Striding the length of the Barcelona half with no defender within fifteen yards of him, the striker bore down on goal. With a shimmy to his right, he skipped past Victor Valdes and stroked the ball into the empty net. Game over. Barcelona has been eliminated from the Champions League. Co-commentator Gary Neville releases an orgasmic yell – partly in joy, partly in disbelief. Disbelief that Barcelona, the greatest team of their generation, heavily fancied to do the impossible by retaining their UEFA Champions League crown, had been eliminated by a poor Chelsea team. But disbelief also, over the scorer of the knockout punch: Fernando Torres.

Four years earlier in Vienna, Fernando Torres burst past Philipp Lahm, lifting the ball past Jens Lehmann as Spain secured a long-awaited first international trophy. In scoring, Torres showed the acceleration and composure that had captivated Anfield the season before. Torres signed for Liverpool for £20 million twelve months prior. He scored 24 league goals that year, becoming the first Liverpool striker to score over 20 league goals in a season after “God” first roamed Anfield. While Liverpool fans looked at Torres as the second coming, Spanish fans would not have known how important his Cup-winning goal would prove to be. It sparked a period of unparalleled dominance in international football. Torres kicked it all off, but his own fortunes would never quite match the rise of his teammates.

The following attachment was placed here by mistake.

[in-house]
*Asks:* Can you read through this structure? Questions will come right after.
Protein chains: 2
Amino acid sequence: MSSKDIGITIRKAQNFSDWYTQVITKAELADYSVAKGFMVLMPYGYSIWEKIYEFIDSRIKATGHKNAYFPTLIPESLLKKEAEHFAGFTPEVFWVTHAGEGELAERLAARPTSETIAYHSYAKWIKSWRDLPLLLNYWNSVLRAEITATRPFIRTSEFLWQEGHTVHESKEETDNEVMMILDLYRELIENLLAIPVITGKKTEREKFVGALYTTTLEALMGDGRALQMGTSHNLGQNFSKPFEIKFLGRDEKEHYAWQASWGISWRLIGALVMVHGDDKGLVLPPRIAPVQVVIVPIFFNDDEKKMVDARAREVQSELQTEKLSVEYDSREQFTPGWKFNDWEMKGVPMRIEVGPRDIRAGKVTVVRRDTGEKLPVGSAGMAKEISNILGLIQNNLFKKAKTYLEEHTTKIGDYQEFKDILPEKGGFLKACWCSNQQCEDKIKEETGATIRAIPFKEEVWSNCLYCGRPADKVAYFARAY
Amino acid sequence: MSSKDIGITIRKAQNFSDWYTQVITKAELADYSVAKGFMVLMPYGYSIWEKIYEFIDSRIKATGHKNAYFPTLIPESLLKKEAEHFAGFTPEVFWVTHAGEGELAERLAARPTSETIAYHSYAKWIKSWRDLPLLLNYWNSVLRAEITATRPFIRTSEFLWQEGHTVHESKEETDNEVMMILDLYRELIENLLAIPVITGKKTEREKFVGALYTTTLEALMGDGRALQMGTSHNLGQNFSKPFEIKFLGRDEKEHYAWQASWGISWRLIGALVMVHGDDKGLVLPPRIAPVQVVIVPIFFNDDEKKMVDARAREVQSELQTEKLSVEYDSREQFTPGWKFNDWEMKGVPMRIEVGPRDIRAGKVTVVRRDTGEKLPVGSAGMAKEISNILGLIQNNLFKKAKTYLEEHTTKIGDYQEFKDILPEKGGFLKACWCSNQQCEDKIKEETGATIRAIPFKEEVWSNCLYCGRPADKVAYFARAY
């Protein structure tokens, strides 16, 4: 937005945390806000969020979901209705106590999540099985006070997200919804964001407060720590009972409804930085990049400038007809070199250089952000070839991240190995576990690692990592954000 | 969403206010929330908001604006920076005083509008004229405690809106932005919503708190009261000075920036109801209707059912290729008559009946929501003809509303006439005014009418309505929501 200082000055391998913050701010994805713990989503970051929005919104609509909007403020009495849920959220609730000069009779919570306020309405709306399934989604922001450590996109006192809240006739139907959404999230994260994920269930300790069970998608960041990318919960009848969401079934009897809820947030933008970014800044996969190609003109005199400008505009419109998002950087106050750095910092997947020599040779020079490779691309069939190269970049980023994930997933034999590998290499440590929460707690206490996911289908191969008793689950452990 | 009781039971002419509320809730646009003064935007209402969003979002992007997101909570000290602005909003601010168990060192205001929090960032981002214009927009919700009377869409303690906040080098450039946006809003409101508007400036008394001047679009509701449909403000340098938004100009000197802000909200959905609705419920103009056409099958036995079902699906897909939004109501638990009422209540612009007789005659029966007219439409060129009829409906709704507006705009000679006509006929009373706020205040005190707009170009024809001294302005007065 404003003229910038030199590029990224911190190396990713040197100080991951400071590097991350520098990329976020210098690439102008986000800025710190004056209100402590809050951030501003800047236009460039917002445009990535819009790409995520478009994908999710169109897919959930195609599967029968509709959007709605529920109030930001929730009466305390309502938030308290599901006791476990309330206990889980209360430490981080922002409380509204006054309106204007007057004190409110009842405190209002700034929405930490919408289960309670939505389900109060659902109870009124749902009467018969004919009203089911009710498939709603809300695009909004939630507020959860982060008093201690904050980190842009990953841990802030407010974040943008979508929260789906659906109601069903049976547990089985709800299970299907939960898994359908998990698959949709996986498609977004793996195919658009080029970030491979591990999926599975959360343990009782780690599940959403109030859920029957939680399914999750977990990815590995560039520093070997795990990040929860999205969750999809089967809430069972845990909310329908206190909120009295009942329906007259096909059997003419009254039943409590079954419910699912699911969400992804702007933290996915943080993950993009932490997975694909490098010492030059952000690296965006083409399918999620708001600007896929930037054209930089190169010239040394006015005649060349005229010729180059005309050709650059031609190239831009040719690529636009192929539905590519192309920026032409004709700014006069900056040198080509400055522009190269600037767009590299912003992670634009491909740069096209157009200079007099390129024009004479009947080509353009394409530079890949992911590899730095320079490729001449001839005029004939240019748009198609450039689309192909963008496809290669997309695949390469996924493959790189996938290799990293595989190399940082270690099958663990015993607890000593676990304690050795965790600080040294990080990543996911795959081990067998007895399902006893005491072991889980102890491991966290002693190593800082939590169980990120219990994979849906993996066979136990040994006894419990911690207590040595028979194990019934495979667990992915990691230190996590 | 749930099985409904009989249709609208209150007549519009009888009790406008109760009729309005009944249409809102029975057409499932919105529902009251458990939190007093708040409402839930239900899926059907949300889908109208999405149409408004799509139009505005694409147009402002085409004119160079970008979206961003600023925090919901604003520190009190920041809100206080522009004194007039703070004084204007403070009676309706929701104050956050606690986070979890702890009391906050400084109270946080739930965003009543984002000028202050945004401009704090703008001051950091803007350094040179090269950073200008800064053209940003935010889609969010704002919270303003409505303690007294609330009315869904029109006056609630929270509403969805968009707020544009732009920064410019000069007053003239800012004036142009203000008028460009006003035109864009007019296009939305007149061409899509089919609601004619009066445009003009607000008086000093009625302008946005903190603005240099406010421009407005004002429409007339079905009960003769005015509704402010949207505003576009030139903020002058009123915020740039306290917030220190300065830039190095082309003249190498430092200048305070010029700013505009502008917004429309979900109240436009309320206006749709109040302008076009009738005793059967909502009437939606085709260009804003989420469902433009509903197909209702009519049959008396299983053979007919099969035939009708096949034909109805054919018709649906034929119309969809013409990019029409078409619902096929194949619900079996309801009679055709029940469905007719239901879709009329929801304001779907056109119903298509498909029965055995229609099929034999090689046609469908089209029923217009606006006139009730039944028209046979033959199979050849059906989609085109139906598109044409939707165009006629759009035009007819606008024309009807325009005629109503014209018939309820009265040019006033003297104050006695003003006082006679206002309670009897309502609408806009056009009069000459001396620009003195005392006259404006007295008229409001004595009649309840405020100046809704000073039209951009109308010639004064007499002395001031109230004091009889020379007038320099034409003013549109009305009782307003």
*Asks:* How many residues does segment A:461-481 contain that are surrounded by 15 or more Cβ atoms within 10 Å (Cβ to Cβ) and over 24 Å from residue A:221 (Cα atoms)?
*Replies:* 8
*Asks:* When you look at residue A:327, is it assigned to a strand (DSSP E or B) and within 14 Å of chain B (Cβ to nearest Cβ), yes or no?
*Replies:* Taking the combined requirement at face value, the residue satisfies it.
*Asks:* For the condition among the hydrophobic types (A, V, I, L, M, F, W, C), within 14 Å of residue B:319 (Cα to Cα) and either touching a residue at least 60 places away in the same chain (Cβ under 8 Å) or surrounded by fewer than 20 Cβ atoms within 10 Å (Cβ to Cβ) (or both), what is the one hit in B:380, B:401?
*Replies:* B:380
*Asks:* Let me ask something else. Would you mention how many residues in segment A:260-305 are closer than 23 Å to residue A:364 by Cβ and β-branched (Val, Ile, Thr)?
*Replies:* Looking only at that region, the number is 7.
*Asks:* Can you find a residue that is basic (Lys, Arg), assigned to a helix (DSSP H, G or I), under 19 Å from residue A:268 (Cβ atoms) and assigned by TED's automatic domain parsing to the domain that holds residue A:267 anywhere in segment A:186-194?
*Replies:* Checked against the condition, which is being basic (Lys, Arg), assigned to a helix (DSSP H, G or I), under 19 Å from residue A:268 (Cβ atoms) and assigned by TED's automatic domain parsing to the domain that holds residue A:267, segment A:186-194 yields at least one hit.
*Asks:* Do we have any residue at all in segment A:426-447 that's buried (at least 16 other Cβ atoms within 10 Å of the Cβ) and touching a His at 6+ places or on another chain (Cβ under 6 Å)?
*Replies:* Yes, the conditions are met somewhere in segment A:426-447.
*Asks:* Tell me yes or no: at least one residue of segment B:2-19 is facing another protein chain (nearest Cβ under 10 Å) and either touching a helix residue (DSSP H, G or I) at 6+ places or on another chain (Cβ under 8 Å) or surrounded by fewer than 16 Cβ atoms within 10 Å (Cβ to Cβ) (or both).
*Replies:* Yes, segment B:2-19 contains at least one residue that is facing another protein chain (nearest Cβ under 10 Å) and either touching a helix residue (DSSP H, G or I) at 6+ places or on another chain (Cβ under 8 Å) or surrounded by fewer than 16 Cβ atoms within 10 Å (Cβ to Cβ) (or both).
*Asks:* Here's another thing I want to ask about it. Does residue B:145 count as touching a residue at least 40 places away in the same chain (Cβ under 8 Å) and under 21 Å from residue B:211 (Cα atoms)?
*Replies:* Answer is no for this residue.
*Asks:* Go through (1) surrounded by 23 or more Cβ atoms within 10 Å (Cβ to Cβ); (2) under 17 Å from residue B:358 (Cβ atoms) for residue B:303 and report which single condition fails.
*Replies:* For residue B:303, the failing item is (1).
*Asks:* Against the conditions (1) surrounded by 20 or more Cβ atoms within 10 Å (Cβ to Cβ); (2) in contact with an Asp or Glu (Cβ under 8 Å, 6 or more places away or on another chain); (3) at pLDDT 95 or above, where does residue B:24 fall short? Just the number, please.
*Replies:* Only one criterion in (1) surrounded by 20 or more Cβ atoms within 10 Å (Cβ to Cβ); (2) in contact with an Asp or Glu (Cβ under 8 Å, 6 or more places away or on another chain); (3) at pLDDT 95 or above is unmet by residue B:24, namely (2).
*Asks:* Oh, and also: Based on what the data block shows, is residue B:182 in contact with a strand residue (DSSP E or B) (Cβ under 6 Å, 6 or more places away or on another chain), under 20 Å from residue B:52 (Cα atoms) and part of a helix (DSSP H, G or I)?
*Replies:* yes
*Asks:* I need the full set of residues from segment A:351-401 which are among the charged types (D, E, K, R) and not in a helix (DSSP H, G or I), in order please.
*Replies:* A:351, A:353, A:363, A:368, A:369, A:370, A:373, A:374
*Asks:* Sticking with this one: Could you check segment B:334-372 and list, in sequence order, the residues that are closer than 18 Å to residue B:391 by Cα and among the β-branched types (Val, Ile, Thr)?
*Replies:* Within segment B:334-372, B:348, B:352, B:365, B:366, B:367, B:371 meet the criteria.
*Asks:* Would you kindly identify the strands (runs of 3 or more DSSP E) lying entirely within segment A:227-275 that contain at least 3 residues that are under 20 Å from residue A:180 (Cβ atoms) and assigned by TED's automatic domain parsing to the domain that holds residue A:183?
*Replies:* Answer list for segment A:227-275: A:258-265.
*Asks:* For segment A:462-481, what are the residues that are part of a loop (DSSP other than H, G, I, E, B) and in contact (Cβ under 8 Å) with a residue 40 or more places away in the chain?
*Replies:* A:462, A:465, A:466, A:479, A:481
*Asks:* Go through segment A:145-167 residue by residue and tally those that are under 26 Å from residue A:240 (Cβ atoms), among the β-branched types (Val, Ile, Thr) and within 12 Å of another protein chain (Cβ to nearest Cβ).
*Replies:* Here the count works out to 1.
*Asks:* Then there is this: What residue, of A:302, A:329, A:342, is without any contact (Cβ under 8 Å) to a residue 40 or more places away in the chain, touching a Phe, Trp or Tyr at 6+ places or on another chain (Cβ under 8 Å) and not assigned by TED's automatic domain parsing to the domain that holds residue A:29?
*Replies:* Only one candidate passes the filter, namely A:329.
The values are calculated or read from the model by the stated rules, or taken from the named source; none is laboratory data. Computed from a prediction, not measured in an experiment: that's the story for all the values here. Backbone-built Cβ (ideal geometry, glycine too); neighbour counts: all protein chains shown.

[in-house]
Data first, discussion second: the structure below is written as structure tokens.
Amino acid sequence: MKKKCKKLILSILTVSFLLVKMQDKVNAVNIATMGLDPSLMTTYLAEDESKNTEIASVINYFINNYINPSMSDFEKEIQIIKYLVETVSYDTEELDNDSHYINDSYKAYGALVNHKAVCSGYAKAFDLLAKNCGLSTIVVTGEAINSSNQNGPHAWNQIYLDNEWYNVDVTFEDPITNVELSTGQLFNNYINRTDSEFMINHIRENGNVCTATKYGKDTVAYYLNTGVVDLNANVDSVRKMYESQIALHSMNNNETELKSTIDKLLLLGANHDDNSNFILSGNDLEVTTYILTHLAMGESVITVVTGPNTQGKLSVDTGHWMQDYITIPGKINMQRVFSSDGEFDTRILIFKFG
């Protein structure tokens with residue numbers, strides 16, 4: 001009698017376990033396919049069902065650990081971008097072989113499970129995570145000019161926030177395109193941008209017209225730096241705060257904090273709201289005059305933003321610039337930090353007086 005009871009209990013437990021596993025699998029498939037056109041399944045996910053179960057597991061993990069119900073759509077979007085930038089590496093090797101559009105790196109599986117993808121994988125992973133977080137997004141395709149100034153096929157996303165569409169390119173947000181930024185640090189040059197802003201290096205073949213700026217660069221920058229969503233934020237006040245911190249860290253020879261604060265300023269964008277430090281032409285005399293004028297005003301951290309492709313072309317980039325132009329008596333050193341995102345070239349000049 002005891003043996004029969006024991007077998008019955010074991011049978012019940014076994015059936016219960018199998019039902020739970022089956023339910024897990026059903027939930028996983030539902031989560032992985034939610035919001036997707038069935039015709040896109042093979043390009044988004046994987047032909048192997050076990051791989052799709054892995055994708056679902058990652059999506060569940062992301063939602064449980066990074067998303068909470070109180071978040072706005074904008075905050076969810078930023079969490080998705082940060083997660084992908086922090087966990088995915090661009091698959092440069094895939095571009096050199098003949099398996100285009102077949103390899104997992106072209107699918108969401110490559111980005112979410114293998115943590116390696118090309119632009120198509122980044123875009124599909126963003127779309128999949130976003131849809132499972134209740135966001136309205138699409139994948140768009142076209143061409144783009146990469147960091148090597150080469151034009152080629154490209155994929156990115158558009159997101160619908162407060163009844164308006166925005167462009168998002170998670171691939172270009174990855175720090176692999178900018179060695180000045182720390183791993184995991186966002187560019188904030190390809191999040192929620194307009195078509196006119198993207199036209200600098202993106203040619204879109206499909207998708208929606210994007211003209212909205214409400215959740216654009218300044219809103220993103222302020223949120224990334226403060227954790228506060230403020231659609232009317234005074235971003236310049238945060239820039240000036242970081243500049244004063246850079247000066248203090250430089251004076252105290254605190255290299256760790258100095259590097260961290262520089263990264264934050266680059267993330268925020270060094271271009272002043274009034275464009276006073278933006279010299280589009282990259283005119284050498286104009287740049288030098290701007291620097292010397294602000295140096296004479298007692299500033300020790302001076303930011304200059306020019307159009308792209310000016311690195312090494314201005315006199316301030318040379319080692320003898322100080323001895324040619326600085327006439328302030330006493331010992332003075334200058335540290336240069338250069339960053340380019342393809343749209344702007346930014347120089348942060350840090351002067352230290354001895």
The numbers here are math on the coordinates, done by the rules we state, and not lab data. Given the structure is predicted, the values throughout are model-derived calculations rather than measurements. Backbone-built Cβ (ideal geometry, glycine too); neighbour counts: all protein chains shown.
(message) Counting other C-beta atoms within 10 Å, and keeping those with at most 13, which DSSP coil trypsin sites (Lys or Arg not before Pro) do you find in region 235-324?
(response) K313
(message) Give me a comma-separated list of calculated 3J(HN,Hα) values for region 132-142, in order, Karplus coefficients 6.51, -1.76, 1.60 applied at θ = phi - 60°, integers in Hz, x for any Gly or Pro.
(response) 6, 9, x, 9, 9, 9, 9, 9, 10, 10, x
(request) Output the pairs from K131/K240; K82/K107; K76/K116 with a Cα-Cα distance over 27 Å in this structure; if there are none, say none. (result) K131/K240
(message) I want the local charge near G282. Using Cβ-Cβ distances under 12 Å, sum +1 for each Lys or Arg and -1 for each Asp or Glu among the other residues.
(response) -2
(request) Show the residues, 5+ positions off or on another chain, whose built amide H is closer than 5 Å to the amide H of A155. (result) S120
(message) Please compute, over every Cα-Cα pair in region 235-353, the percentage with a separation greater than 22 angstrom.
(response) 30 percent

Born into the premier Striker’s school

Sometimes, clubs get unwittingly associated with something. Atletico Madrid has become known as a striker’s haven. The likes of Christian Vieri and Jimmy Floyd Hasselbaink starred in the late 90s before Diego Forlan, Sergio Aguero, Radamel Falcao and Diego Costa confirmed the Vincente Calderon as a striker’s ideal hunting ground. In between all these, a Madrid boy called Fernando Jose Torres Sanz burst onto the scene on his way to scoring 82 goals in a golden first spell that saw him become club captain at 19 years old, a Spanish record.